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Justin Gatlin hits back at media portraying him as the track 'villain'

‘When I go to meets, when I’m doing my victory lap, I stop and sign every autograph and I take every picture I can…’

Image: AP/Press Association Images

US SPRINTER JUSTIN Gatlin, who has served two doping bans, insisted he is “no villain” and claimed comments dredging up his past were “sensationalist” and “hurtful”.

Gatlin cuts a controversial figure on the track scene, readily admitting that a four-year doping ban served between 2006-10 after a positive test for testosterone had been both “a gift and a curse”.

The Florida-based sprinter won the Olympic 100m in 2004 and world sprint double golds a year later in Helsinki before serving his second ban.

The 34-year-old has since hit the peak of his form, establishing himself as firm favourite in both the 100 and 200m before arch-rival Usain Bolt pipped him to the world double in Beijing last year.

There is never a shortage of people willing to shoot Gatlin down. He has been shunned by organisers of some meetings and track and field’s governing body, the IAAF, even changed their rules for their prestigious Athlete of the Year awards, insisting that a convicted doping cheat was not eligible.

“I understand the media. They want to be more creative and be able to make storylines more sensationalised,” Gatlin said of his detractors.

I’m just a runner like everybody else. I get up and train every day, like everybody else. It’s hurtful, it’s hurtful to be looked at as a villain because that’s not how I portray myself, that’s not how my son portrays me or my family.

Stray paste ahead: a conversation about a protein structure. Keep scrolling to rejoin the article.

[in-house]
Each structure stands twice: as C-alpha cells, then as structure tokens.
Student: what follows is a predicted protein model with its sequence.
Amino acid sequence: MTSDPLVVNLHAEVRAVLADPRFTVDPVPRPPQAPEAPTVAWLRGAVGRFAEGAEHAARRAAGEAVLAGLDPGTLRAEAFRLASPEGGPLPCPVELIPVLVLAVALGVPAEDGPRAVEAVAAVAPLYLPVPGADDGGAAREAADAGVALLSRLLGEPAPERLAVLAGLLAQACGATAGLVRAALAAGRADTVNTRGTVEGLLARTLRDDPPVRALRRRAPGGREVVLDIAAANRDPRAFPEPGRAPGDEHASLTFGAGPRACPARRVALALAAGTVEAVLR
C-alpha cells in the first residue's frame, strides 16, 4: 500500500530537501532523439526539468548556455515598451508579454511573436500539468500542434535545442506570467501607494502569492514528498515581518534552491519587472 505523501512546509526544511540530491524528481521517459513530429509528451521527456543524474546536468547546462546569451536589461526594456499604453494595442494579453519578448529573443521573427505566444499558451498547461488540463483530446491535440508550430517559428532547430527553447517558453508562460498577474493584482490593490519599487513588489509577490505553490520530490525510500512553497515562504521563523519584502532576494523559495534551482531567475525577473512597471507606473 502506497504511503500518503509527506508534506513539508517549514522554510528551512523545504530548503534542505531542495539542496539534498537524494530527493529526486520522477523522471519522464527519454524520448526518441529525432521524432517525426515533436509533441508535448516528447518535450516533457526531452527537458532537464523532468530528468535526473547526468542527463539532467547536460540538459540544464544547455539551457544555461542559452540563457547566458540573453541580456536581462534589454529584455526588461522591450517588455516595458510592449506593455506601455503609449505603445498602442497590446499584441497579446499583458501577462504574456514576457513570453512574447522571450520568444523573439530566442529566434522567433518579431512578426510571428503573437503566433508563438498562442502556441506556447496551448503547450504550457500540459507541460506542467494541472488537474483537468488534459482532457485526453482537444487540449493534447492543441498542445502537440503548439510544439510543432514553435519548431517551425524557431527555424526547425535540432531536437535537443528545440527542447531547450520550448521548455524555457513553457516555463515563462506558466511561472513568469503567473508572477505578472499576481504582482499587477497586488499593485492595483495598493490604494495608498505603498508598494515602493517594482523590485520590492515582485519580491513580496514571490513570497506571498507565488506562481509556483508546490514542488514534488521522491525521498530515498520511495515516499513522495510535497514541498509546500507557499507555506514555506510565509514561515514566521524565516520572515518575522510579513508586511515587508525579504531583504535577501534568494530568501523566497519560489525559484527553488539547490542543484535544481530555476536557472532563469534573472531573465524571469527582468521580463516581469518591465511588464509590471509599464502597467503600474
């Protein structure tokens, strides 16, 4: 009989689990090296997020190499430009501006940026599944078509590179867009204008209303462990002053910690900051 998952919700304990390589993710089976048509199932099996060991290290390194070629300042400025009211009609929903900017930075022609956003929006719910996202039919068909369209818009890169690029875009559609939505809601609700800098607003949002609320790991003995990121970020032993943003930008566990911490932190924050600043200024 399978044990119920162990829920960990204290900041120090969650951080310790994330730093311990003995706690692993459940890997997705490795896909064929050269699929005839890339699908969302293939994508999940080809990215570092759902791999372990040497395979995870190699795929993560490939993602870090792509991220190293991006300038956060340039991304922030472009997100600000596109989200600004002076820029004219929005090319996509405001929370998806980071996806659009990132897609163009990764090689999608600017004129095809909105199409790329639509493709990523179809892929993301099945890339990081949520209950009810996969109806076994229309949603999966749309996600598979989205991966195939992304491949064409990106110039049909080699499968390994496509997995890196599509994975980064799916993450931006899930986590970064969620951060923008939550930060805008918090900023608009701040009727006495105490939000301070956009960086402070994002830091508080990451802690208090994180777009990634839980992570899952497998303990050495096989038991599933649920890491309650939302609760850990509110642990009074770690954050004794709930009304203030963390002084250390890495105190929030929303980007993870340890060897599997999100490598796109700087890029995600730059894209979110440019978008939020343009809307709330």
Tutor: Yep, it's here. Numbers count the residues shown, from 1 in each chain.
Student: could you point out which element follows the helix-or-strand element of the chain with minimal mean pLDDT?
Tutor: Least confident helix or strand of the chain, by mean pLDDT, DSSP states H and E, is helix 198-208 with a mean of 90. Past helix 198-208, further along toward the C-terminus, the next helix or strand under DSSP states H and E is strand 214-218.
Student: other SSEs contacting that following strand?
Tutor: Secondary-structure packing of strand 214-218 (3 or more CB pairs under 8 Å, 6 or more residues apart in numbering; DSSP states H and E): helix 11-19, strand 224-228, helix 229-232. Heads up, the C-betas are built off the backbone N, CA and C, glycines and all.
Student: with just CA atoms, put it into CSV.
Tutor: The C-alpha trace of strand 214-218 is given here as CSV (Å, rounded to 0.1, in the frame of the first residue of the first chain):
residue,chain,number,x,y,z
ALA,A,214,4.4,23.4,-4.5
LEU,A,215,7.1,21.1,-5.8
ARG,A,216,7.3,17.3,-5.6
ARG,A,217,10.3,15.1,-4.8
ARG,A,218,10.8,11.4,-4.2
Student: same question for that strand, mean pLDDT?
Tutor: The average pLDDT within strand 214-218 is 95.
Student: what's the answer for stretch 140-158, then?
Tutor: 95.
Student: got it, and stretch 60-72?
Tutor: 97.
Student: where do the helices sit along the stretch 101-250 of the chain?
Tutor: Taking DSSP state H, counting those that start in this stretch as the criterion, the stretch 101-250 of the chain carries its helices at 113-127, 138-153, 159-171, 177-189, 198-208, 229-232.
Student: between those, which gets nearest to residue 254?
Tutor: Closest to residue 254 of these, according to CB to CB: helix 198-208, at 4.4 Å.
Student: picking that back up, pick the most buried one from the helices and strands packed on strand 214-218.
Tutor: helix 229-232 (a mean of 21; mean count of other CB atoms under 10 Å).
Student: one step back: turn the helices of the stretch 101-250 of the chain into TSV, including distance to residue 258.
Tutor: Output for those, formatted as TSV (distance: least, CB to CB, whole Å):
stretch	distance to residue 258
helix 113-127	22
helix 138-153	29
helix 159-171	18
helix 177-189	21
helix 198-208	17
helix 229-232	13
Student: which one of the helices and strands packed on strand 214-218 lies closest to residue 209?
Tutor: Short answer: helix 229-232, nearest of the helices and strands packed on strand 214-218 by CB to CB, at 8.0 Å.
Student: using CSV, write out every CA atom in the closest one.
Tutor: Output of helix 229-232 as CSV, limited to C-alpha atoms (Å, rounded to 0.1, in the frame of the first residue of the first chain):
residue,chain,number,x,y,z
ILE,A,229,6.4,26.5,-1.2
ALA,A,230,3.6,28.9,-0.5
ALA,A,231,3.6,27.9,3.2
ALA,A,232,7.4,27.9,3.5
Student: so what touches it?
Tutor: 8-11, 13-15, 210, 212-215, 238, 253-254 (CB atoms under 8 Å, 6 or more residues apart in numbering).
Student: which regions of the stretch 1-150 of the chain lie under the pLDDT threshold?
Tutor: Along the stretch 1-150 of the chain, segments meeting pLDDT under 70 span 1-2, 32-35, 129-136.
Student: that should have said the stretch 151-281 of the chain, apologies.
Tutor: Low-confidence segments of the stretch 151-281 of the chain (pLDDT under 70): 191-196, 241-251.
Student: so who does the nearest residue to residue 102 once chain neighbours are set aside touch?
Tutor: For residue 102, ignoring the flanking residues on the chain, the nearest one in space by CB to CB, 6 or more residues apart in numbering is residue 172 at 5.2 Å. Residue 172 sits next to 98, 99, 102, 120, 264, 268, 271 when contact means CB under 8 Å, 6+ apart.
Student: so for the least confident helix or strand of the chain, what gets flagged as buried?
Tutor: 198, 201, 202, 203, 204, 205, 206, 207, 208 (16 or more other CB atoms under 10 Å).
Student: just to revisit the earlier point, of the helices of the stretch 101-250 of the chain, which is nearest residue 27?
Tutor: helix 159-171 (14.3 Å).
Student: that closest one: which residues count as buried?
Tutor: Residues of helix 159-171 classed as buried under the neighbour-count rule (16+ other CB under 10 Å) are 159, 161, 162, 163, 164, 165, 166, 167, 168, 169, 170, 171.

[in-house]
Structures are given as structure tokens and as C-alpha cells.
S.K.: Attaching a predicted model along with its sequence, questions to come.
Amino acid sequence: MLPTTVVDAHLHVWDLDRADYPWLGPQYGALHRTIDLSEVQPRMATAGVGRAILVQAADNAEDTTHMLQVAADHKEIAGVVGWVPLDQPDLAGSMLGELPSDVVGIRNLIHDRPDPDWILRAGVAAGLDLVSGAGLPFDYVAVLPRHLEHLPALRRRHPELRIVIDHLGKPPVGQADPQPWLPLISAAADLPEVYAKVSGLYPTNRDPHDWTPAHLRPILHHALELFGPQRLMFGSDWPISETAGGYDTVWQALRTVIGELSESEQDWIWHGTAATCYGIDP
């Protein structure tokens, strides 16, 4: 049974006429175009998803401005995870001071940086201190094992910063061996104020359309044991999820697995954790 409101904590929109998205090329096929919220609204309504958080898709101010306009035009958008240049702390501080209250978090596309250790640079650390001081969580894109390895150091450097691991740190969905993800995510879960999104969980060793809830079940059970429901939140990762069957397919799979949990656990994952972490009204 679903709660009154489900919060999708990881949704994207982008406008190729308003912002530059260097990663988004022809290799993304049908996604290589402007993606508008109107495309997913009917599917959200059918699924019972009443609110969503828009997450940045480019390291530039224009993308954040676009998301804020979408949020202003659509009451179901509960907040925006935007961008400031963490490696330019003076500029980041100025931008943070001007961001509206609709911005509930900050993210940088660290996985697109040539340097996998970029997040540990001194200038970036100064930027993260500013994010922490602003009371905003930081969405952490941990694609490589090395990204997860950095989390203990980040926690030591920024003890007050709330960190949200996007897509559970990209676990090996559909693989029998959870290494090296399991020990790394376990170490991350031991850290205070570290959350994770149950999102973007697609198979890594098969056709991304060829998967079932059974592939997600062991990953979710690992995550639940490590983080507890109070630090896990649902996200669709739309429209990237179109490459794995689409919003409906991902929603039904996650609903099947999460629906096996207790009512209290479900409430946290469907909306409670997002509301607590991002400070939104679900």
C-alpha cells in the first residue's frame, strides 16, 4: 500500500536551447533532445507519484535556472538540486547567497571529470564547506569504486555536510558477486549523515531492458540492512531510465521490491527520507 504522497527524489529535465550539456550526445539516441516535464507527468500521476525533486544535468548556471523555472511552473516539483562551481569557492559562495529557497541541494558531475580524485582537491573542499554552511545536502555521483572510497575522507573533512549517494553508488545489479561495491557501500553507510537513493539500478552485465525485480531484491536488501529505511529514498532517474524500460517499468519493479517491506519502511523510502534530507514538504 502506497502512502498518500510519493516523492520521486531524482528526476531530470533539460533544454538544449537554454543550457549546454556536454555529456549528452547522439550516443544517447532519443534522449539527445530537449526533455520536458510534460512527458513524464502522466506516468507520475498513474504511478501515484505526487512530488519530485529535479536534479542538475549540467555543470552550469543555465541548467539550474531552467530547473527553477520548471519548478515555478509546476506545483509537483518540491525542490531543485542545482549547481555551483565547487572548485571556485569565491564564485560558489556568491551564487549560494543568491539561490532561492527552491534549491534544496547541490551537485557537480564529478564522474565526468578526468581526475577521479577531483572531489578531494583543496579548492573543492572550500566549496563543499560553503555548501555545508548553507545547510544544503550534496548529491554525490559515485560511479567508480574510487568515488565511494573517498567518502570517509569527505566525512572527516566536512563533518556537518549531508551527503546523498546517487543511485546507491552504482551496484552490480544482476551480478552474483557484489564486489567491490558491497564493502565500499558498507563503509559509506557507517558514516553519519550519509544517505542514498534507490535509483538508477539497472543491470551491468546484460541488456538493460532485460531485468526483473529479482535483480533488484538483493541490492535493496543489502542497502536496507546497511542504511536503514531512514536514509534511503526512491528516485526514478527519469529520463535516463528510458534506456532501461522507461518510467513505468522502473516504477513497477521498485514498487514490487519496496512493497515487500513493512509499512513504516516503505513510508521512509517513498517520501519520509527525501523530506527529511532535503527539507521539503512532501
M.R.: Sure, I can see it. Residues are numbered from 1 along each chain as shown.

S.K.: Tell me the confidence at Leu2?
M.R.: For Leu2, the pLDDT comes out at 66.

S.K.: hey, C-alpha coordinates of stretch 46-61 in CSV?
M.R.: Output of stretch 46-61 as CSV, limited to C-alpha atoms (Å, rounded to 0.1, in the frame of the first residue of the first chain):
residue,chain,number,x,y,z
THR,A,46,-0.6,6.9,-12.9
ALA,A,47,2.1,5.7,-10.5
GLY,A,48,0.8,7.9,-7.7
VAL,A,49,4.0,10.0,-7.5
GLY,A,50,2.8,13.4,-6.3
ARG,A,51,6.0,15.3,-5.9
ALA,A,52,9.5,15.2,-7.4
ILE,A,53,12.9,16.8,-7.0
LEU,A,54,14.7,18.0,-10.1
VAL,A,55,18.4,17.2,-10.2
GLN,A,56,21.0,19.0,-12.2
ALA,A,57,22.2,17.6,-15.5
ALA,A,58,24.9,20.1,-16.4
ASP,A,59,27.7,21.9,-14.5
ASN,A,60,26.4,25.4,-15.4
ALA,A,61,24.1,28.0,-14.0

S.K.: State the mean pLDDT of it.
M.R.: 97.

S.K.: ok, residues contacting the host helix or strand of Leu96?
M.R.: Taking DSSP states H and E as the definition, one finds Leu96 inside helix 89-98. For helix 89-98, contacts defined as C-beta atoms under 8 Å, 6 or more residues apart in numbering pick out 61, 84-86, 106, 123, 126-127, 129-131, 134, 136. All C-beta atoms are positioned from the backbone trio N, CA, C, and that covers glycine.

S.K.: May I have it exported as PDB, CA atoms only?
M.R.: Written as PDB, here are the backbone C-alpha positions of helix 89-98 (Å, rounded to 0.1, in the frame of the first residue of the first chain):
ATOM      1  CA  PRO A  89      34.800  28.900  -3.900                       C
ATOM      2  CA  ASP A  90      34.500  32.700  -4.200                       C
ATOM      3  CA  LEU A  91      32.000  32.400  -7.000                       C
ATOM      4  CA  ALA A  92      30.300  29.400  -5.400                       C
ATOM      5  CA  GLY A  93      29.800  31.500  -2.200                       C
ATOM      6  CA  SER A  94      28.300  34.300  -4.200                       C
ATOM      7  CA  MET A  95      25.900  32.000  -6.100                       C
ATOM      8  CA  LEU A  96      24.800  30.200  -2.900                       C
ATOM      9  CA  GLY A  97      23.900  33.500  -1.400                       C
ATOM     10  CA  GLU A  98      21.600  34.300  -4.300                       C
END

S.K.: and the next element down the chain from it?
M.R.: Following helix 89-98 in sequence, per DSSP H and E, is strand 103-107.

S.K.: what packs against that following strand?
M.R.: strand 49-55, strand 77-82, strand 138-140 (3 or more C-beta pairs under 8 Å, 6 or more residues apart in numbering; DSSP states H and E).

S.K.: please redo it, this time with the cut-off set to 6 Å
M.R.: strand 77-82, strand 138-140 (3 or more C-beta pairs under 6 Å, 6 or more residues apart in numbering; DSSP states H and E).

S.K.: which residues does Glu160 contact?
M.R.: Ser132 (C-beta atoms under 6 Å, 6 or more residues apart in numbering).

“So when I come out, I come out to get ready for the support. When I go to meets, when I’m doing my victory lap, I stop and sign every autograph and I take every picture I can and I give back to communities around the world as much as I can.

“I don’t think a villain does that,” he said, speaking ahead of tomorrow’s Diamond League meeting at Rome’s Stadio Olimpico.

Athletics - IAAF World Championships - Day Seven - Beijing National Stadium Source: PA Archive/Press Association Images

It was in the same stadium in June 2013 that Gatlin trumped Bolt, and in 2015 the American clocked 9.75sec to better the Jamaican’s stadium record.

“It’s about pure competition. To get the victory over Usain at that time… It wasn’t raised to be such a big race, it was still a great win,” Gatlin said of the unexpected victory.

Transition

“I think it was kind of like a launching pad for me to be able to say ‘Okay, I can win up here, I can start dominating again, assert races and be able to hold on to consistent dominance’.”

The American warned that he was carrying a slight injury, with an eye firmly fixed on the Rio Olympics in August.

“I’m still coming back from my ankle issue. So my transition around 50 or 70 (metre mark) gets a little sticky when I’m trying to put more pressure into the ground and generate more speed,” he said.

“But I have time over the next month to be able to get everything worked out for the Olympic trials.

“Training has been steady, getting ready for the trials. After I leave here I have a street race in Rio and after that I’ll shut my season for now and get ready for some more speed endurance

“And my first 200m race of the season will be the opening round of the trials.”

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